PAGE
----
Feeding

Symptoms of Dog Food Allergies

If your dog is suffering from itchy skin, hair loss, skin infections, recurrent ear infections or chews his paws, then he could be one of the growing number of dogs who suffer from food allergies. While food allergies can be frustrating to diagnose and require time and patience in order to remedy, with perseverance and the help of your veterinarian, your dog can live a long, happy life.

Because food allergies in dogs tend to develop over time, it isn’t unusual for dogs that have been eating the same diet for a long time to begin to develop symptoms of an allergy. Studies have shown that the most common culprits of food allergies are beef, chicken, wheat, eggs, corn and soy- and yes, these most common allergens are in fact the most common ingredients in commercially prepared pet foods. Dogs who suffer from food allergies may be allergic to just one ingredient, or many of them.

Common Symptoms of a Food Allergy

Symptoms of food allergies can be varied in both presentation and severity, which makes diagnosing allergies as the culprit more difficult. The most common symptoms include itchy skin, hot spots and hair loss, excessive chewing of the paws and recurrent ear infections. All of these might respond to and improve with symptomatic treatment such as steroids and antibiotics, but often come right back as soon as the treatment is stopped.

Because the symptoms of food allergies are also the symptoms of many other maladies, it is very important that you work with your vet to ensure that any other underlying problems, such as flea-bite allergies, skin infections, yeast infections, atopy and mange, are ruled out or treated. If all other causes of your dogs skin problems have been ruled out, it is time to look into food allergies as the culprit.

Unfortunately, there is no one-stop test or trial to diagnose and treat food allergies in dogs. The best way to diagnose a food allergy is through a food trial, where many of the most common allergens are eliminated from the pets diet. This “elimination diet” consists of one single, source of protein (such as rabbit, venison, duck, fish) and one single source of protein (potato, rice) that the dog has never eaten before. This diet must be strictly fed for at least 12 weeks in order to determine if the diet is causing a reduction in symptoms. It is essential during this time that the special diet is the only food the dog receives- no treats or table scraps allowed, as these can negate the effect of the trial diet.

Your veterinarian will be able to recommend the appropriate trial diet for your dog. Many of these diets are made available only through your veterinarian, and made by companies such as Hills, Iams and Purina. It should also be noted that although diets made from lamb and rice are not as commonly the culprits of allergies, a lamb and rice diet should not be used to conduct a food trial, as these are not novel food sources, and will be less likely to effect dramatic improvement in your dog.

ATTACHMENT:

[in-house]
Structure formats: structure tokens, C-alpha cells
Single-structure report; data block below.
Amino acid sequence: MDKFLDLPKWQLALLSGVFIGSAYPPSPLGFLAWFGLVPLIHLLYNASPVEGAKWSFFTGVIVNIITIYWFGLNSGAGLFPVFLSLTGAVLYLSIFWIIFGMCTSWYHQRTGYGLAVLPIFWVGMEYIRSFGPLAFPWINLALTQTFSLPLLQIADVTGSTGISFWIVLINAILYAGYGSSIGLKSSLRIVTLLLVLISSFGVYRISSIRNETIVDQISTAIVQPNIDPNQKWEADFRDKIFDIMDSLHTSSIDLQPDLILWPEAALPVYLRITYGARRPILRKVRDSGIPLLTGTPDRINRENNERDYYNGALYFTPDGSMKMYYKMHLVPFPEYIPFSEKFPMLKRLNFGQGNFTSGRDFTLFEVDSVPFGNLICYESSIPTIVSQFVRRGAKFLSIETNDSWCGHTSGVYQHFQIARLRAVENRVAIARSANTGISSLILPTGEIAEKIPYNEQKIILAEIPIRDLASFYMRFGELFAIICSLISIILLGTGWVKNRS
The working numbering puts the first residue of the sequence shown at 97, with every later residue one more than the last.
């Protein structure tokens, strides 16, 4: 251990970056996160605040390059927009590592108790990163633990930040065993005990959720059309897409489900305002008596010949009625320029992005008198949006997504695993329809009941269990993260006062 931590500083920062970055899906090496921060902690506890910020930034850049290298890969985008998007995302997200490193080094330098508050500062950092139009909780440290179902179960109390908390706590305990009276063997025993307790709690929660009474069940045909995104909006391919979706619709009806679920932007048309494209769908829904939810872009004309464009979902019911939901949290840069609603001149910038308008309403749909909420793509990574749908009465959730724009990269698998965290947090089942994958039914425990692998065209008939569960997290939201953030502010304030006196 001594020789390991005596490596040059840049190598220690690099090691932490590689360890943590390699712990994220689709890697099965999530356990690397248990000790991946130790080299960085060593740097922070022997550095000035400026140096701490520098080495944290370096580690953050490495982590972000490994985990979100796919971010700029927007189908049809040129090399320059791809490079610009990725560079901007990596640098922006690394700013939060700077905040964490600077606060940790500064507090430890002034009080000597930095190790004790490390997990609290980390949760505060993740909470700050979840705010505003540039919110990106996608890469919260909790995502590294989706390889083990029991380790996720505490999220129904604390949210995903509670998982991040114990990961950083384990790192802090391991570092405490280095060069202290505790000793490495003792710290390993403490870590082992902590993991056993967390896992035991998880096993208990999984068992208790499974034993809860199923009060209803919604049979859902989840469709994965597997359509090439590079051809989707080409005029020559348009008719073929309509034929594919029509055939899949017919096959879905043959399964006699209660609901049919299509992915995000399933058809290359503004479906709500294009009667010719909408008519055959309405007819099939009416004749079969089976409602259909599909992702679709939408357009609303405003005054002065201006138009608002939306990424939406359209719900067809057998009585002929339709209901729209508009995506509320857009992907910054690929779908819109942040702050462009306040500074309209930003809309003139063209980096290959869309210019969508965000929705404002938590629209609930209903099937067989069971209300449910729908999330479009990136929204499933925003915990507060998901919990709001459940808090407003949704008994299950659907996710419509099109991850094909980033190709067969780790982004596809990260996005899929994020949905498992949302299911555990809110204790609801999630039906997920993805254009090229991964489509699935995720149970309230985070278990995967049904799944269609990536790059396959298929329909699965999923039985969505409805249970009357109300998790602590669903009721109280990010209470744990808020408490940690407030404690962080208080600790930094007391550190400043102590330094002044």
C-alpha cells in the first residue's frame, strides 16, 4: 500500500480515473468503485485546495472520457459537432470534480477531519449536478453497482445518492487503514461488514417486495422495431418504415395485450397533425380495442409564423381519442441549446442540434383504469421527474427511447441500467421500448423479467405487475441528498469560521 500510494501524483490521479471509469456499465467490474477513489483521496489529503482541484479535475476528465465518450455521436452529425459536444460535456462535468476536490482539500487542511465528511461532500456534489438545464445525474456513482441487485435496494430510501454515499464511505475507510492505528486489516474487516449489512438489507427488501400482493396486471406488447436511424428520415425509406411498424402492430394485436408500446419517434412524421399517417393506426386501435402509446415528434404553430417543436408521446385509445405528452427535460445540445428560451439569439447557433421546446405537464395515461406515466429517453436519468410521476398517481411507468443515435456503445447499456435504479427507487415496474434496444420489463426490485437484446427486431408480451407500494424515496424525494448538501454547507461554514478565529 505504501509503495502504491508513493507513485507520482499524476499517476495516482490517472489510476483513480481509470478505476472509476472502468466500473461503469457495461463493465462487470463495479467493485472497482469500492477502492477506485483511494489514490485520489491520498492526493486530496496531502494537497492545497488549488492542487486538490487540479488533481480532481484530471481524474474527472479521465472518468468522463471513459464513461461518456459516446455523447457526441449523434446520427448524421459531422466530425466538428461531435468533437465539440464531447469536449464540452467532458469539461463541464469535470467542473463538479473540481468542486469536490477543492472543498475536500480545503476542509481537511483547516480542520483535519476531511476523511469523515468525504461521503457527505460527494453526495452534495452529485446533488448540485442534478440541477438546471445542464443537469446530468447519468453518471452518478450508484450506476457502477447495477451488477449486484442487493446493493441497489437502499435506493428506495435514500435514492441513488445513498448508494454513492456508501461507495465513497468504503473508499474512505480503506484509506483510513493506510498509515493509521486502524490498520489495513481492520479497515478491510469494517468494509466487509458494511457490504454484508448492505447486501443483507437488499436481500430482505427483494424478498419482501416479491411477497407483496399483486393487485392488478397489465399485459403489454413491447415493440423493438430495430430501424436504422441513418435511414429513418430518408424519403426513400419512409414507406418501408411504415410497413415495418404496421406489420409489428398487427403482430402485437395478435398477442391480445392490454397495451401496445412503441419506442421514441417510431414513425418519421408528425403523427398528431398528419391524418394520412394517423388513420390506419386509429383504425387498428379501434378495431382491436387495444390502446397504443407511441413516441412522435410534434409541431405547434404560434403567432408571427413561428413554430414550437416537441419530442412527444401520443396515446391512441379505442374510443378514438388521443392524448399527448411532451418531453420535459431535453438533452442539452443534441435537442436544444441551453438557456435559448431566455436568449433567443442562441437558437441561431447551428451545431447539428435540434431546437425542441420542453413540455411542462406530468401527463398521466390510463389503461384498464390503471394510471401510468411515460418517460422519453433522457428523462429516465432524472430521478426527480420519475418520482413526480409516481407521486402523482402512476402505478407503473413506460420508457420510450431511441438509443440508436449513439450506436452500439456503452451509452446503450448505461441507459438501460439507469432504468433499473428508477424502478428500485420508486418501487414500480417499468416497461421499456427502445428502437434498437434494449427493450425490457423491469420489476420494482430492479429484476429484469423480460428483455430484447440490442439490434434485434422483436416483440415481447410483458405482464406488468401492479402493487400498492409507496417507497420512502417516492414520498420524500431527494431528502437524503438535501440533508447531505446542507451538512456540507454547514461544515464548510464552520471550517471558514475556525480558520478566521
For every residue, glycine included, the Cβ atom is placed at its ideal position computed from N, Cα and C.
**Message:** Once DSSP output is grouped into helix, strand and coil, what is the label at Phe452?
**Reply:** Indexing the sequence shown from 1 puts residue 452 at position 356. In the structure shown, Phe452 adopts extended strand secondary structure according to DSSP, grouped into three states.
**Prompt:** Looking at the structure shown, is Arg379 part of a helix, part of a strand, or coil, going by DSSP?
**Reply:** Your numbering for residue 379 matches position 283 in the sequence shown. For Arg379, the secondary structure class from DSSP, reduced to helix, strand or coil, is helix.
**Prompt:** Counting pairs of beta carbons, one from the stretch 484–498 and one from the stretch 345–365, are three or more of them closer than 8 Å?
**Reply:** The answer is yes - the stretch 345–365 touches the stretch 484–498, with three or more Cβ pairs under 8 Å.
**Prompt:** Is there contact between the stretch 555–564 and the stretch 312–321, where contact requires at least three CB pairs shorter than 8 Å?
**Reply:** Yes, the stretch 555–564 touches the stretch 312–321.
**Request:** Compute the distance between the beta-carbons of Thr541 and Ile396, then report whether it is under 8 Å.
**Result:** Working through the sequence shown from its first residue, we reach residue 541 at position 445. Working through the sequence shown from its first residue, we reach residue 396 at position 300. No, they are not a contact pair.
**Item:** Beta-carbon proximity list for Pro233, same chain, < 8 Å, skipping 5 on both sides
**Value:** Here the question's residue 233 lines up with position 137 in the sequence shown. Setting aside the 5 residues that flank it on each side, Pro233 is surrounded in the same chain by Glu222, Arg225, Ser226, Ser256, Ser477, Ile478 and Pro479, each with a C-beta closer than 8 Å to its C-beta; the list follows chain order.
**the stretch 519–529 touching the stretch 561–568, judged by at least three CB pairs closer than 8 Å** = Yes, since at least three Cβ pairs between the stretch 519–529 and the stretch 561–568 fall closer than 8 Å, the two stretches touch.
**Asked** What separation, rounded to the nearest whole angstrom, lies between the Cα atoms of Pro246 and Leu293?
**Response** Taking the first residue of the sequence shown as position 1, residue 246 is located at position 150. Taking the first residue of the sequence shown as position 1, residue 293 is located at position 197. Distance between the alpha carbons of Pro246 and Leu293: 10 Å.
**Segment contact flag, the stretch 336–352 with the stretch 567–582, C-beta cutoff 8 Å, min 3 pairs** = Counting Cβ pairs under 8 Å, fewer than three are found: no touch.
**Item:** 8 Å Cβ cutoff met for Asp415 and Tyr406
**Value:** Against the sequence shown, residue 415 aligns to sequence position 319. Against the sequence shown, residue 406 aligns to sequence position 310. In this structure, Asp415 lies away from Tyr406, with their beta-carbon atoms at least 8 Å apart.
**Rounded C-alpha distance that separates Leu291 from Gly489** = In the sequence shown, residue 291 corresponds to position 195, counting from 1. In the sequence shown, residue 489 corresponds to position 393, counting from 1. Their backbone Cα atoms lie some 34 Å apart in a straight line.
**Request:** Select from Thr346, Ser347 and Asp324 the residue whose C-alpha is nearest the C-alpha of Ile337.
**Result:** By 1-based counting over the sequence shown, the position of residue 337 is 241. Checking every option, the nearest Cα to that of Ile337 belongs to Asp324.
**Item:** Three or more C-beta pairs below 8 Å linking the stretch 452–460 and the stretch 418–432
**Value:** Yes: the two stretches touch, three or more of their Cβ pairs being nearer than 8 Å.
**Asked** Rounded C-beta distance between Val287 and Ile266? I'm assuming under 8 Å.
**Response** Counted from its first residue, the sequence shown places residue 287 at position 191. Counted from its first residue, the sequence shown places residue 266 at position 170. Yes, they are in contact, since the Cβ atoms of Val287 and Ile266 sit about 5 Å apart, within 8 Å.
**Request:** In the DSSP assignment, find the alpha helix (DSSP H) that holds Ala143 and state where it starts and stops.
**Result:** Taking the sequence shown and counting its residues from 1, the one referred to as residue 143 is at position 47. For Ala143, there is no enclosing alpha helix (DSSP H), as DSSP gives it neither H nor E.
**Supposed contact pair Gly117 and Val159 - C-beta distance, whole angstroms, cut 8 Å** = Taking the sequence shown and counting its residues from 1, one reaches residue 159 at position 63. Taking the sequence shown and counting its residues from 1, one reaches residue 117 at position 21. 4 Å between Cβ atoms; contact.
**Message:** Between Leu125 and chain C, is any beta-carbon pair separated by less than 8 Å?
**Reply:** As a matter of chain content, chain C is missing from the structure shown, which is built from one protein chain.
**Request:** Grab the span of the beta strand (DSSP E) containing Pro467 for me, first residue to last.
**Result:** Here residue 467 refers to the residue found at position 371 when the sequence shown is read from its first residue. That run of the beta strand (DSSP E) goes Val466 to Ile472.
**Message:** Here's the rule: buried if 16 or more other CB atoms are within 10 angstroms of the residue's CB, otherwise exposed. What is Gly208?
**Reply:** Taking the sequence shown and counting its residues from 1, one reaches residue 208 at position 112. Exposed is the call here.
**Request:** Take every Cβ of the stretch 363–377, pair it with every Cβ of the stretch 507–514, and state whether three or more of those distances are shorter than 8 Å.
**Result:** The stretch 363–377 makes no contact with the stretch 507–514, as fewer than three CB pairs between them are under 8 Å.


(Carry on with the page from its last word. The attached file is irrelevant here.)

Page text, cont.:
If you prefer to make your dogs food at home, the same trial diet can be accomplished by carefully formulating a diet made of a novel protein and carbohydrate source. In order to ensure that the homemade diet is not deficient in necessary nutrients, you may need to consult a veterinarian or veterinary nutritionist to help properly formulate a homemade trial diet.

If your dog shows a vast improvement on the trial diet, you can choose to either keep them on that diet to help continue to prevent allergies, or you can begin to slowly re-introduce trigger foods, one by one, and see if the symptoms recur. If there is no recurrence of the original allergic skin or other signs, then the dog is not allergic to that ingredient. By repeating this several times with other ingredients, you will be able to chose a commercial diet that can be fed to your dog without side effects.

While lengthy and sometimes frustrating, conducting a food trial truly is the best way to diagnose a food allergy. Although many companies offer blood or skin testing to help determine food allergies in dogs, repeated studies have not shown the efficacy of these tests. While blood and skin allergy testing works very well for diagnosing inhalant and environmental allergies, conducting a food trial is the most effective diagnostic test to accurately test for and treat dog food allergies.

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